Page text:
Construction and Capabilities Edit
The Ingenuity was built in low Unda orbit by the IU. It was a huge shared effort, many years in the making, between the member islands of the IU. The ship cannot land on a planet, but it can enter a stable orbit and send small landers to and fro from the surface. The landers expend chemical (liquid hydrogen) rocket fuel. The Ingenuity also has a long-distance shuttle that acts as a sort of lifeboat. Carbon dioxide scrubbers allow for the recycling of air, and the ship has a very sophisticated water recycling method.
The ship is a spinning torus, with artificial gravity provided to the outer edge of the torus by centripetal force. The gravity approximately matches that of Unda. The ship is powered by an antimatter drive, which propels the ship at half the speed of light. Air and water are recycled using carbon dioxide scrubbers and a sophisticated water recycling method. The Ingenuity also uses hydroponics and aquaponics to generate oxygen and provide food for those onboard, and has an array of 3D printers to make spare parts and other necessities.
The propulsion method for the ship is an antimatter drive. The antimatter is made in situ (during the voyage) in a particle accelerator located in a ring attached to the ship’s main torus. By shooting high-energy protons and electrons at target metals, anti-protons and anti-electrons are produced. These combine into antihydrogen, which is collected and stabilized using a magnetic bottle to prevent it from colliding with ordinary matter before desired. The antimatter is funneled to the engine, where it collides with hydrogen atoms to produce huge amounts of energy that propel the ship forward. The hydrogen is carried onboard as fuel, with the hope that more will be extracted from the asteroids upon arrival.
The asteroids to which the ship was initially headed are located 0.74 light year away, orbiting a red dwarf star the next system over from Unda. This means it takes the ship about 1.5 years to get there. The original mission included spending three weeks at the asteroids. During this time, the miners would engage in a range of experimental and practical mining activity. Mining machines range from simple scoops (asteroids are covered in a layer of easily scoopable rubble called the regolith), to magnetic rakes, to heating the material to release water and other volatiles. This water can then be split into its constituent atoms of oxygen and hydrogen, with the oxygen being used to maintain a breathable atmosphere on board and the hydrogen used for fuel.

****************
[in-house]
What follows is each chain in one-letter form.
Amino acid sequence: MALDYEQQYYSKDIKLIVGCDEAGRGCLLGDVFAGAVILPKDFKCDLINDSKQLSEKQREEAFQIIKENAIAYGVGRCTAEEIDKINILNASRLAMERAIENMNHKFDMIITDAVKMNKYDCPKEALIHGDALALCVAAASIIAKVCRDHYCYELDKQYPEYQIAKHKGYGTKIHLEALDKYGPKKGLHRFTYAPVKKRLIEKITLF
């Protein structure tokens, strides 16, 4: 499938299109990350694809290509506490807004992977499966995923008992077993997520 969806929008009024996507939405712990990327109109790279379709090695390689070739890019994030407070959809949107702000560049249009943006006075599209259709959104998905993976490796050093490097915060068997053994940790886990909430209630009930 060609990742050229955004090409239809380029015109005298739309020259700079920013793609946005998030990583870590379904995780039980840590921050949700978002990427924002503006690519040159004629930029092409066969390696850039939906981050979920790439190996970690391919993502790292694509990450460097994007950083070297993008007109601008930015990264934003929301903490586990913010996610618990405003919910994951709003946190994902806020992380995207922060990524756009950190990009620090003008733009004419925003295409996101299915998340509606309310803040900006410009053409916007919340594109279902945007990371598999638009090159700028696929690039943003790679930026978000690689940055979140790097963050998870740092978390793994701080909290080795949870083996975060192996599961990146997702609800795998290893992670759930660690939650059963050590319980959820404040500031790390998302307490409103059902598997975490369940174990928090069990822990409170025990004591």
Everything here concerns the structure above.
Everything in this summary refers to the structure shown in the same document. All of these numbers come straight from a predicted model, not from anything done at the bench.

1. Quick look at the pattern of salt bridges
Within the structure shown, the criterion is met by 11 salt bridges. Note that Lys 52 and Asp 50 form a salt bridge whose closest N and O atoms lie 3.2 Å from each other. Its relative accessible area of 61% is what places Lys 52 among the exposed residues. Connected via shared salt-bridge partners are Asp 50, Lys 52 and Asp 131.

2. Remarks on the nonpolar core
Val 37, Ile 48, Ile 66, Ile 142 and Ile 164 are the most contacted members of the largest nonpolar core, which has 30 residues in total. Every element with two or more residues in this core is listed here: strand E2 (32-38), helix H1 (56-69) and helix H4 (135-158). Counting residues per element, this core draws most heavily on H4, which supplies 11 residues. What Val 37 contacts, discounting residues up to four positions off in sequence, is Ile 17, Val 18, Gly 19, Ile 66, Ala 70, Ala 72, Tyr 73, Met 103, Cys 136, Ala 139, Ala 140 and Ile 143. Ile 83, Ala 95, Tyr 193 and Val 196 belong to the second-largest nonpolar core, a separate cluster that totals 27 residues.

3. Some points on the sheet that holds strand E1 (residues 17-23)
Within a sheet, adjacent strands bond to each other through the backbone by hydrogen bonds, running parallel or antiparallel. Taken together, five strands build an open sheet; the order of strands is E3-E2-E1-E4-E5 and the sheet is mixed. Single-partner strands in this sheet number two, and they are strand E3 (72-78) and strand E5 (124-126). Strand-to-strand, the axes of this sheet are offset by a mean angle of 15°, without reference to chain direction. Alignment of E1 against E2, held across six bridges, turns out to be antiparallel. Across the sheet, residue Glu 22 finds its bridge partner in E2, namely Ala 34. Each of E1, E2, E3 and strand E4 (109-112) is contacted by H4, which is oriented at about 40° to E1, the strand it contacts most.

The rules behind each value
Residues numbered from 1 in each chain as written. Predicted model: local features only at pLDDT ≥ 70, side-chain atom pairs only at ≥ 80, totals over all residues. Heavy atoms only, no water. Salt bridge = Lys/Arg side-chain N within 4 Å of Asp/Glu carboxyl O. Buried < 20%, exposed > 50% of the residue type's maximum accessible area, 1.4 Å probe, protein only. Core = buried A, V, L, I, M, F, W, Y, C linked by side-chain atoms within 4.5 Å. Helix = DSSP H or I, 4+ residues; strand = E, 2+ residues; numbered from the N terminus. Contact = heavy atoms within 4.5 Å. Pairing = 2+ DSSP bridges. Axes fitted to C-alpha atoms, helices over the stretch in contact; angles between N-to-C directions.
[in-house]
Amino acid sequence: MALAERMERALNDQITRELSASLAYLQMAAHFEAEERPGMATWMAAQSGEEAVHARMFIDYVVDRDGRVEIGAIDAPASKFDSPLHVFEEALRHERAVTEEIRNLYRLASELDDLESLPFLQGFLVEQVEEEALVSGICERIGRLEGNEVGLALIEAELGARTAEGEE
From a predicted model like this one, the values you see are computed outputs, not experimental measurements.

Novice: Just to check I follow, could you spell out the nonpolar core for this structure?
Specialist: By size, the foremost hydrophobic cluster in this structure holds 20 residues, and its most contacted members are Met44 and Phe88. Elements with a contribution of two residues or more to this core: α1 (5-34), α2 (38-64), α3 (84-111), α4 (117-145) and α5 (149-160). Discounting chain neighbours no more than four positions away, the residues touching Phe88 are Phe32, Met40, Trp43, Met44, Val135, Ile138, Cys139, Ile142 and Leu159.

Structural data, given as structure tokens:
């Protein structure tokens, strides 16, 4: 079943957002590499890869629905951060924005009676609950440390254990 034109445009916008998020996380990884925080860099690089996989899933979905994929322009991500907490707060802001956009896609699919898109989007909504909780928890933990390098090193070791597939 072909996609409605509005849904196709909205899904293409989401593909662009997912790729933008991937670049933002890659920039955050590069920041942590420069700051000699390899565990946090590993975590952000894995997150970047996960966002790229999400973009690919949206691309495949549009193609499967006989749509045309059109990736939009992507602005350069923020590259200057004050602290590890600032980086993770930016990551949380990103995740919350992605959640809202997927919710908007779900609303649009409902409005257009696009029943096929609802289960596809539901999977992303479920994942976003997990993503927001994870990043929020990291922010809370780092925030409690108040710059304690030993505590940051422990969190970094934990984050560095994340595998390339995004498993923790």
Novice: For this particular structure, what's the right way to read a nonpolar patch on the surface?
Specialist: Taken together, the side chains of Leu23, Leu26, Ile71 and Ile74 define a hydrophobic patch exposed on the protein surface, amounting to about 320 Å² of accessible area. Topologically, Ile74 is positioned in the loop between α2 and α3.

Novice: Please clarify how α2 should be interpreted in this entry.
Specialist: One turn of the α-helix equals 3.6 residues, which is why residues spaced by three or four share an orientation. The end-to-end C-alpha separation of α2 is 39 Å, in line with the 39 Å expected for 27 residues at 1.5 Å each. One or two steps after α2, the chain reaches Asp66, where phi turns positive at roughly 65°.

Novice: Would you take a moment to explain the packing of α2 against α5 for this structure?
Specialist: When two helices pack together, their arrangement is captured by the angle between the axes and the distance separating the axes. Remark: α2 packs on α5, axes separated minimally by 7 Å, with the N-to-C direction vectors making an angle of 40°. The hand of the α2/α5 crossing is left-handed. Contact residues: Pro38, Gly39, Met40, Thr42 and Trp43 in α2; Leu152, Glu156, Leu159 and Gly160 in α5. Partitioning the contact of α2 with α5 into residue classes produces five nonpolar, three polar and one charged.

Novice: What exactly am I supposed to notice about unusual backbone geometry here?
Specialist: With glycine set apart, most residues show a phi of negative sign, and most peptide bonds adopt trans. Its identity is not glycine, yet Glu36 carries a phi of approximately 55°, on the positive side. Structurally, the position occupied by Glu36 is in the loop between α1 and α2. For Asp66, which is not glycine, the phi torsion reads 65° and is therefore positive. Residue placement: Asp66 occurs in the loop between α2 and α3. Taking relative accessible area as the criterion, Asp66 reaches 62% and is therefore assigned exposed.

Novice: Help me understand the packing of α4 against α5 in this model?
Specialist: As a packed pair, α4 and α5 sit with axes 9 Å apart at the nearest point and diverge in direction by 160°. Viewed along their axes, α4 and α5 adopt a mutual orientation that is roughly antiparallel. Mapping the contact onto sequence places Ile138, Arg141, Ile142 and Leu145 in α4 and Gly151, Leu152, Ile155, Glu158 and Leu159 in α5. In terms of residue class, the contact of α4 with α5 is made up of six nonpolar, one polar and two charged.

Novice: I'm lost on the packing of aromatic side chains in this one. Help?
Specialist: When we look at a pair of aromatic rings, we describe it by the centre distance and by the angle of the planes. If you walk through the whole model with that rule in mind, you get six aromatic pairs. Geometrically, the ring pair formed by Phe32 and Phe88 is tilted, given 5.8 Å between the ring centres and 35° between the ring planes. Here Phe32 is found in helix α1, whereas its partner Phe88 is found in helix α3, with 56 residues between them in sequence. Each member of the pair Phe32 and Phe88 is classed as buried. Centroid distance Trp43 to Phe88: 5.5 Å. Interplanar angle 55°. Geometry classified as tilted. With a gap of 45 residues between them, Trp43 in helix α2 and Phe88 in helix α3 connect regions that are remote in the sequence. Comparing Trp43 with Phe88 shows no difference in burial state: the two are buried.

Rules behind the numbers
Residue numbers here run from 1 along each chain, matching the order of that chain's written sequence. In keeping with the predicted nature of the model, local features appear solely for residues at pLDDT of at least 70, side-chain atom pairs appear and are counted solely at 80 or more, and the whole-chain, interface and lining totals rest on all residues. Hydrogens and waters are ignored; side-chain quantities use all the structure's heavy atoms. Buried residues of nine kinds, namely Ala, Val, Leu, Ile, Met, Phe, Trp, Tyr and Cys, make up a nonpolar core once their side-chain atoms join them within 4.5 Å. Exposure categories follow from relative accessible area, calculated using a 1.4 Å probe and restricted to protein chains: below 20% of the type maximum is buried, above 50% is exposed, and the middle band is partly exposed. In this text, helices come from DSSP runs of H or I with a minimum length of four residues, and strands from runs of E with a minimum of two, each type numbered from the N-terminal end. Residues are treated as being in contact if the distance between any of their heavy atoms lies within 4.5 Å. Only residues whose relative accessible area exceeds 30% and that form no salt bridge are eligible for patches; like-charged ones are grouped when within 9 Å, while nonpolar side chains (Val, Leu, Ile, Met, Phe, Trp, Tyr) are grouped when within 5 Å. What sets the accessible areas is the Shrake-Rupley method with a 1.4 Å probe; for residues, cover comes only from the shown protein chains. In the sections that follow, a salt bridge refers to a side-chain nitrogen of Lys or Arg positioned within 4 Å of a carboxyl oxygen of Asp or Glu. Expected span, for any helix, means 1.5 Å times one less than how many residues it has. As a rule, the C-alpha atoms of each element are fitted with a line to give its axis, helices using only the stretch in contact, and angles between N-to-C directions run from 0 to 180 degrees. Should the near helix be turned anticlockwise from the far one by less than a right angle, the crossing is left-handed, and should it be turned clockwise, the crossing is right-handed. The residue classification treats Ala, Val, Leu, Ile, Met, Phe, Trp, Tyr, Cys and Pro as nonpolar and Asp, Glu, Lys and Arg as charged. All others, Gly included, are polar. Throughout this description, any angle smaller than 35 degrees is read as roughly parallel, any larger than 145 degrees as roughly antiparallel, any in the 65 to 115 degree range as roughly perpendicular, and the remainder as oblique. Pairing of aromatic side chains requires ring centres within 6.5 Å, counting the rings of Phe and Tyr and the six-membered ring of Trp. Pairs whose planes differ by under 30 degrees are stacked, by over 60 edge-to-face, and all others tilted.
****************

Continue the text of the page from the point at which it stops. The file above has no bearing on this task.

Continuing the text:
An original goal for the mining project was to find rare and expensive elements like gold, platinum, and rhodium. In addition, organic carbon, phosphorus, and other ingredients for fertilizer can be harvested from water-rich asteroids and used to help grow food in hydroponics. After the Final Transmission, mining for fertilizer was considered a much more important goal than mining for rare elements. Ingenuity has been orbiting a large asteroid designated B-612.
The ship has a crew of around thirty, led by Captain Omeda. In addition to the crew, there are a number of passengers aboard the ship. Many scientists jumped at the chance to test theories in space; the IU resource committee sent prospectors to search for valuable materials in the asteroids; a revolutionary program was developed to give three years of college education entirely in space. In addition, several famous artists, journalists and celebrities became publicly involved with the project during development and were granted spots. Some spots were given out in a high-profile lottery and some were bought at exorbitant prices.